Butchers like to sell you neck, it’s a common cut. When cured like bacon it’s called collar bacon. Cantonese cooks like it because we make Char Siu from it. It’s a perfectly acceptable cut for pulled pork but it’s a bit small and the loin end tends to dry out a little. What’s the loin end? Follow the neck back down the spine and the next section you’ll get to is the loin where you get the standard pork chop. So this end of the neck will tend to dryness because there’s less inter muscular fat and no connective tissue and it’s this stuff that makes pork shoulder so juicy and well suited to low and slow cooking. When a British butcher has separated the neck out the rest is usually called the shoulder, it’s often boned and rolled and sold as a roasting joint. This is fine for pulled pork too. Just get them to skin it for you first.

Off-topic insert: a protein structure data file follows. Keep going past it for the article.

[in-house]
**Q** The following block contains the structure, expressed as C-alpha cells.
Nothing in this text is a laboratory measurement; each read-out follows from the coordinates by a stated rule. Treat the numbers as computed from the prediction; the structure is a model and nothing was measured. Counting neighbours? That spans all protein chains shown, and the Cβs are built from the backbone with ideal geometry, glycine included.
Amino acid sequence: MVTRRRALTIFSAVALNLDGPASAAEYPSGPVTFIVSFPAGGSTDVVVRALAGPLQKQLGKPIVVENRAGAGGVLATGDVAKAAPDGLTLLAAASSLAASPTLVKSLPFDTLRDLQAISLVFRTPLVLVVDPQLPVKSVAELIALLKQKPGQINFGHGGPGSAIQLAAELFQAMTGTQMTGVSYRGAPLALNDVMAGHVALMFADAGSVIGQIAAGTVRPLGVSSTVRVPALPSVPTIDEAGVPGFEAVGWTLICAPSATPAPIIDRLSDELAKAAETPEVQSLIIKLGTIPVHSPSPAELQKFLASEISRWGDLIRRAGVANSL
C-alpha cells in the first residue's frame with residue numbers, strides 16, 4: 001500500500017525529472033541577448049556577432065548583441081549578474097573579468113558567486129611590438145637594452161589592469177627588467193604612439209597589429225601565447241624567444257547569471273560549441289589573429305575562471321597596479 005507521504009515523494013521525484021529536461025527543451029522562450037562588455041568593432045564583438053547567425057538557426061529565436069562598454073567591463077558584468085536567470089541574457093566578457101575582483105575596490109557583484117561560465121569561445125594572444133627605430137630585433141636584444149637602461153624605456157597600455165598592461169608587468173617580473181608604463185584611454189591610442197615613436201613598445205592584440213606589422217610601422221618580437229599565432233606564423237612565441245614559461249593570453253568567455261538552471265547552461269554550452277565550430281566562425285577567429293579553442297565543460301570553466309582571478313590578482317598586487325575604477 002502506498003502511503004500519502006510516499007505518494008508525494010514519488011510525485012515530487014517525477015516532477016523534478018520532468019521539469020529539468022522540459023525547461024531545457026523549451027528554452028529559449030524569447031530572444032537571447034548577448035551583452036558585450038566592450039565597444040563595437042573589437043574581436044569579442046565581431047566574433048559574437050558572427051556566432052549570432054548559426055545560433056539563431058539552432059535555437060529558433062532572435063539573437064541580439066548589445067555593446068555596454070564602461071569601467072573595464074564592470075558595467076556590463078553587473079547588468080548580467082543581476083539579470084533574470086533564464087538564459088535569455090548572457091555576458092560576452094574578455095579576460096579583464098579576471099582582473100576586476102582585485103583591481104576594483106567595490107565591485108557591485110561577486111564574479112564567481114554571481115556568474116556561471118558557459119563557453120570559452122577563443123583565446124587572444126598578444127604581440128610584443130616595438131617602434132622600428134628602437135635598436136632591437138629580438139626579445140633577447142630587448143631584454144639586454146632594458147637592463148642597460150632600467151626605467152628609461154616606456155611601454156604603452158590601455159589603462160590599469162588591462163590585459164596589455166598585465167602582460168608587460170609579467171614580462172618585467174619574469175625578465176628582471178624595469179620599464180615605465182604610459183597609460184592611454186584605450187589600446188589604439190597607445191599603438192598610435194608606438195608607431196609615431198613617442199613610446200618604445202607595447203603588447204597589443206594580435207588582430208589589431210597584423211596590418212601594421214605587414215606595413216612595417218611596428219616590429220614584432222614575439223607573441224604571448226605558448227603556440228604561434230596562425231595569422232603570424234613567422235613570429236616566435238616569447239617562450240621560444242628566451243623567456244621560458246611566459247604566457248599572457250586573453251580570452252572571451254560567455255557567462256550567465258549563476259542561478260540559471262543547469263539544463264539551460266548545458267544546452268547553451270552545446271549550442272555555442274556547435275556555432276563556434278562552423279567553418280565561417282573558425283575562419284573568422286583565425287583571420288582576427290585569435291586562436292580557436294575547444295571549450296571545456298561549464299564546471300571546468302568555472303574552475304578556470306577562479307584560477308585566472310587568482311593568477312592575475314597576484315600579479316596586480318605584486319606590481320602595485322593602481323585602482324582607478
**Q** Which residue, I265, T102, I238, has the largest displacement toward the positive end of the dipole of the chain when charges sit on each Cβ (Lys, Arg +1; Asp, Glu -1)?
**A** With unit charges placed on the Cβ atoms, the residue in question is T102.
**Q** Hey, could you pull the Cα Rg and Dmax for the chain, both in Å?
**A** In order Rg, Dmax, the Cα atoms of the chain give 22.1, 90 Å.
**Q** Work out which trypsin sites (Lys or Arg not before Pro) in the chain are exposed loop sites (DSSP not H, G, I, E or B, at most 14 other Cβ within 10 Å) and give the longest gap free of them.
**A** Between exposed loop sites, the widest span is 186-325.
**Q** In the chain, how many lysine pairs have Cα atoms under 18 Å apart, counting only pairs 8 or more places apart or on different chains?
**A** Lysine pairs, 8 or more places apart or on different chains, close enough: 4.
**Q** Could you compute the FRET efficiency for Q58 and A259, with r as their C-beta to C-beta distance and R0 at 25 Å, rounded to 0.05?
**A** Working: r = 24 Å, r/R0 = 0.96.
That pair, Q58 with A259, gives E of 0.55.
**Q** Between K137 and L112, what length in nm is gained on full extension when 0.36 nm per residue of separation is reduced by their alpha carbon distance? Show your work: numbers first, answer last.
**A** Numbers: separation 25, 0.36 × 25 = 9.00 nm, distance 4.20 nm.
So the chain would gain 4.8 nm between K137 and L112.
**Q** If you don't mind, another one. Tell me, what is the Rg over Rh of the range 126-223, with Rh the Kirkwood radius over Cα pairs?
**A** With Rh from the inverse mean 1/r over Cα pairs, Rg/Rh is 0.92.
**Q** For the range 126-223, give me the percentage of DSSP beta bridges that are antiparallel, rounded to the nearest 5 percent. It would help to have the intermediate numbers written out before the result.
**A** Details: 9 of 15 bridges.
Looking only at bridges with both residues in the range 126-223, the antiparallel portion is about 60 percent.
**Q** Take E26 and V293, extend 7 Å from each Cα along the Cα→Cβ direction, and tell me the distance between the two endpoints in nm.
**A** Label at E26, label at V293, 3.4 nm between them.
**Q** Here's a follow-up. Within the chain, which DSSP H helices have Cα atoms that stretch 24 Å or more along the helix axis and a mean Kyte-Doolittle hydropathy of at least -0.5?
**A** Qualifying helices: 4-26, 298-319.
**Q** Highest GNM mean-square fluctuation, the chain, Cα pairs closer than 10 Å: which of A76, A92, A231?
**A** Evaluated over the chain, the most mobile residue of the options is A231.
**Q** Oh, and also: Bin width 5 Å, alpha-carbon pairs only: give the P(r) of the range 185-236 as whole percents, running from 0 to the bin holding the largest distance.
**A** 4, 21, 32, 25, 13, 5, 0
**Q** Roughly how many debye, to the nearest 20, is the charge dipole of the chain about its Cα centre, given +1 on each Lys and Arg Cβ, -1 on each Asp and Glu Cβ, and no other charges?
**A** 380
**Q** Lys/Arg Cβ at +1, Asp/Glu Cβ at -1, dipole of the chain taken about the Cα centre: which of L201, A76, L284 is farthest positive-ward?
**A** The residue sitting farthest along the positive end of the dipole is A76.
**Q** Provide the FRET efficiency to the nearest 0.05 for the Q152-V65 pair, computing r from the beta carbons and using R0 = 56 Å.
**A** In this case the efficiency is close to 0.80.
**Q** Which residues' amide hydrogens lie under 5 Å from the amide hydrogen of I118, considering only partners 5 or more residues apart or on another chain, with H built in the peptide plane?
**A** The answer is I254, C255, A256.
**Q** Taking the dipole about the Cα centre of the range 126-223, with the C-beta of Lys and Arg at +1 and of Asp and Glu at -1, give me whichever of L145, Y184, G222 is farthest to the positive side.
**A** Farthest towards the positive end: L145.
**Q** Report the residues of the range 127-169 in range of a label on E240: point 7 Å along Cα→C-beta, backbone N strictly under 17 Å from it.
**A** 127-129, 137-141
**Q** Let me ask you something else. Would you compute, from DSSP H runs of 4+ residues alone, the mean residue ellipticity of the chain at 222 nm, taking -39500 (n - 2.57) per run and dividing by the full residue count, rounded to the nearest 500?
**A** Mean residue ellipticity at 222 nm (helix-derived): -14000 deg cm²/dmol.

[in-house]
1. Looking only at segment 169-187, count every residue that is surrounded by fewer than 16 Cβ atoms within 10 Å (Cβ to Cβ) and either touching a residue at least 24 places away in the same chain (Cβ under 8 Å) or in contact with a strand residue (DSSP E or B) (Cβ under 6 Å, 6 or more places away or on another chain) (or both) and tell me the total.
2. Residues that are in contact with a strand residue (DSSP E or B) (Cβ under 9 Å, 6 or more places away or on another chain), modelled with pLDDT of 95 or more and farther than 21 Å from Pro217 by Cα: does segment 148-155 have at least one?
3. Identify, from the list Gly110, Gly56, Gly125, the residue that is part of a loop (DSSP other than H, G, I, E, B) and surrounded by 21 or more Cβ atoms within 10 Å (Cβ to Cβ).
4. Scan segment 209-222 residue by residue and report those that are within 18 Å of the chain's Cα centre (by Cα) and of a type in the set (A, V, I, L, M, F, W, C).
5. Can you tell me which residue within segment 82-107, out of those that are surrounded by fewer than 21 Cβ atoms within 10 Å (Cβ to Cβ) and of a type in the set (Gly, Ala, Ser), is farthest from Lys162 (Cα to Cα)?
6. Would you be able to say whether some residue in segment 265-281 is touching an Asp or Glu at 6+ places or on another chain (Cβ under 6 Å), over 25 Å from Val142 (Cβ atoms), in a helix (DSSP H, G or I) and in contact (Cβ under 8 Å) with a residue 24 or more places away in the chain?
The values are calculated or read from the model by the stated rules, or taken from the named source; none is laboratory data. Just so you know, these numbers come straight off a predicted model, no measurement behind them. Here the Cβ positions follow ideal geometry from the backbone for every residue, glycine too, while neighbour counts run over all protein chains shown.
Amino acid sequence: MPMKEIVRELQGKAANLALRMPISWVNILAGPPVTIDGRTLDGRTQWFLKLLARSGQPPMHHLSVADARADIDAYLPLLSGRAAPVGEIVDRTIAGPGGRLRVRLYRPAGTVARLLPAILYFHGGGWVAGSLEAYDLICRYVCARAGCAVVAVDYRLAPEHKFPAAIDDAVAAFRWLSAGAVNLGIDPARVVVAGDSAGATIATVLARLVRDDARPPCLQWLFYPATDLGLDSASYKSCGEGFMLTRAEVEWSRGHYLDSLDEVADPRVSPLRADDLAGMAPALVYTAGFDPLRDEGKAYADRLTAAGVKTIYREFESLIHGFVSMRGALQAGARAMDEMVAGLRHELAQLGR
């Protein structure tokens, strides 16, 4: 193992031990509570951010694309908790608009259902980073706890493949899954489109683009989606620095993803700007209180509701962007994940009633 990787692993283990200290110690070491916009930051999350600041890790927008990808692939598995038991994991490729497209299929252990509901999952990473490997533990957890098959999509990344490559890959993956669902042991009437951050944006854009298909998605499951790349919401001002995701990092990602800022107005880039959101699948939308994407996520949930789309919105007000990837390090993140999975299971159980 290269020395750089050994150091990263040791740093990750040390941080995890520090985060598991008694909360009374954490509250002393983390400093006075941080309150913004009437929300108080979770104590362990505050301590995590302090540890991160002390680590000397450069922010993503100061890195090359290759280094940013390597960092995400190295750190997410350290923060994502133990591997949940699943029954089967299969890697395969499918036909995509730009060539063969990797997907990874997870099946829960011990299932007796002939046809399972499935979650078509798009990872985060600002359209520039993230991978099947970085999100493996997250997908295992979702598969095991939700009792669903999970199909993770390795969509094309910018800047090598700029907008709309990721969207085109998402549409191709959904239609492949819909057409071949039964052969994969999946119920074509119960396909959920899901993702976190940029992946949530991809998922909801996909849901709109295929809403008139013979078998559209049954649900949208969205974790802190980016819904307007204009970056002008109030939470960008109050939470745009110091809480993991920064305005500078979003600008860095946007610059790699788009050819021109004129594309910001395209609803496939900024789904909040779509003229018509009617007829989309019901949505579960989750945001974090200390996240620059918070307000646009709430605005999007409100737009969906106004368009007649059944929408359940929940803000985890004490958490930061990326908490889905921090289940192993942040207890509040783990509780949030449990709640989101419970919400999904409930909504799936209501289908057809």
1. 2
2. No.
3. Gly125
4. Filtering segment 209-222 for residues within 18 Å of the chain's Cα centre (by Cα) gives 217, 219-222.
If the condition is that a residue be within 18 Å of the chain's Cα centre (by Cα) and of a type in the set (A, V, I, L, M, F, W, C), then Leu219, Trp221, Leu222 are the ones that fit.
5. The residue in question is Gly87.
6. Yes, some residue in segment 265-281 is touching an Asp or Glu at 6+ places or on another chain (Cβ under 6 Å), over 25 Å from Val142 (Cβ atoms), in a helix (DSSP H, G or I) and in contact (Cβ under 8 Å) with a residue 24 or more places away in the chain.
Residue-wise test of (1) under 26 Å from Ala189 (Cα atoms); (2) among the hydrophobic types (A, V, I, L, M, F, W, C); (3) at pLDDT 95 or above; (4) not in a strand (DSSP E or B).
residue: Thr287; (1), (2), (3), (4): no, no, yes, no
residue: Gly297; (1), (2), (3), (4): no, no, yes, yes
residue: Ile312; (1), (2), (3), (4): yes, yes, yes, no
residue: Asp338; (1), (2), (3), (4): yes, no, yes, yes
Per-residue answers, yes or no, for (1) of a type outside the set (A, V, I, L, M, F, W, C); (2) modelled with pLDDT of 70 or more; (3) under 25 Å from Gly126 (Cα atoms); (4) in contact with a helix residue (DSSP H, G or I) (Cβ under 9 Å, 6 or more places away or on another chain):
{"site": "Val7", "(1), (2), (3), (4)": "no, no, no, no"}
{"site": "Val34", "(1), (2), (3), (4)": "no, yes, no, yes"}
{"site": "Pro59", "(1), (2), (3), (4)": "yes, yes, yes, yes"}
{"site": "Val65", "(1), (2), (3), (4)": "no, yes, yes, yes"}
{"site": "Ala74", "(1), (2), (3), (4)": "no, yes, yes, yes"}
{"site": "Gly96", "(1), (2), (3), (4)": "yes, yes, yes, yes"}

Below is a close-up of the neck, where I’m pinching is what competition BBQers call the money muscle. We like to separate this slightly and serve it sliced. This muscle stays really juicy and properly cooked melts in the mouth. A good way to demonstrate to BBQ judges that you know what you’re doing:


Ok now this first shoulder I’ve been demonstrating on is not ideal for BBQ because I’ve separated the neck too much. Good thing it’s being used for carnitas! So here’s another shoulder, this is what’s known as the Boston butt in the US. This is the basically the upper half of the shoulder primal and twice as big as the neck. To get to this piece I’ve sawn straight across the front primal in half through the base of the shoulder blade. The top of the shoulder blade should still be buried in the Boston butt. You can bone it out but I like to leave it in because when it comes away clean after smoking you know your pork is perfectly cooked. The top of the pig is on the right of this photo, you can see that I’ve separated the money muscle out competition style but you don’t need to do this at home.


The Boston butt or upper shoulder is the ideal cut for pulled pork as it’s big enough to stand up to a long slow smoke. The ratio of bark to juicy meat will be perfect. So now you know what you need, go forth and ask for it with confidence at your nearest quality butcher!

7 thoughts on “How to Butcher a Pork Shoulder for BBQ”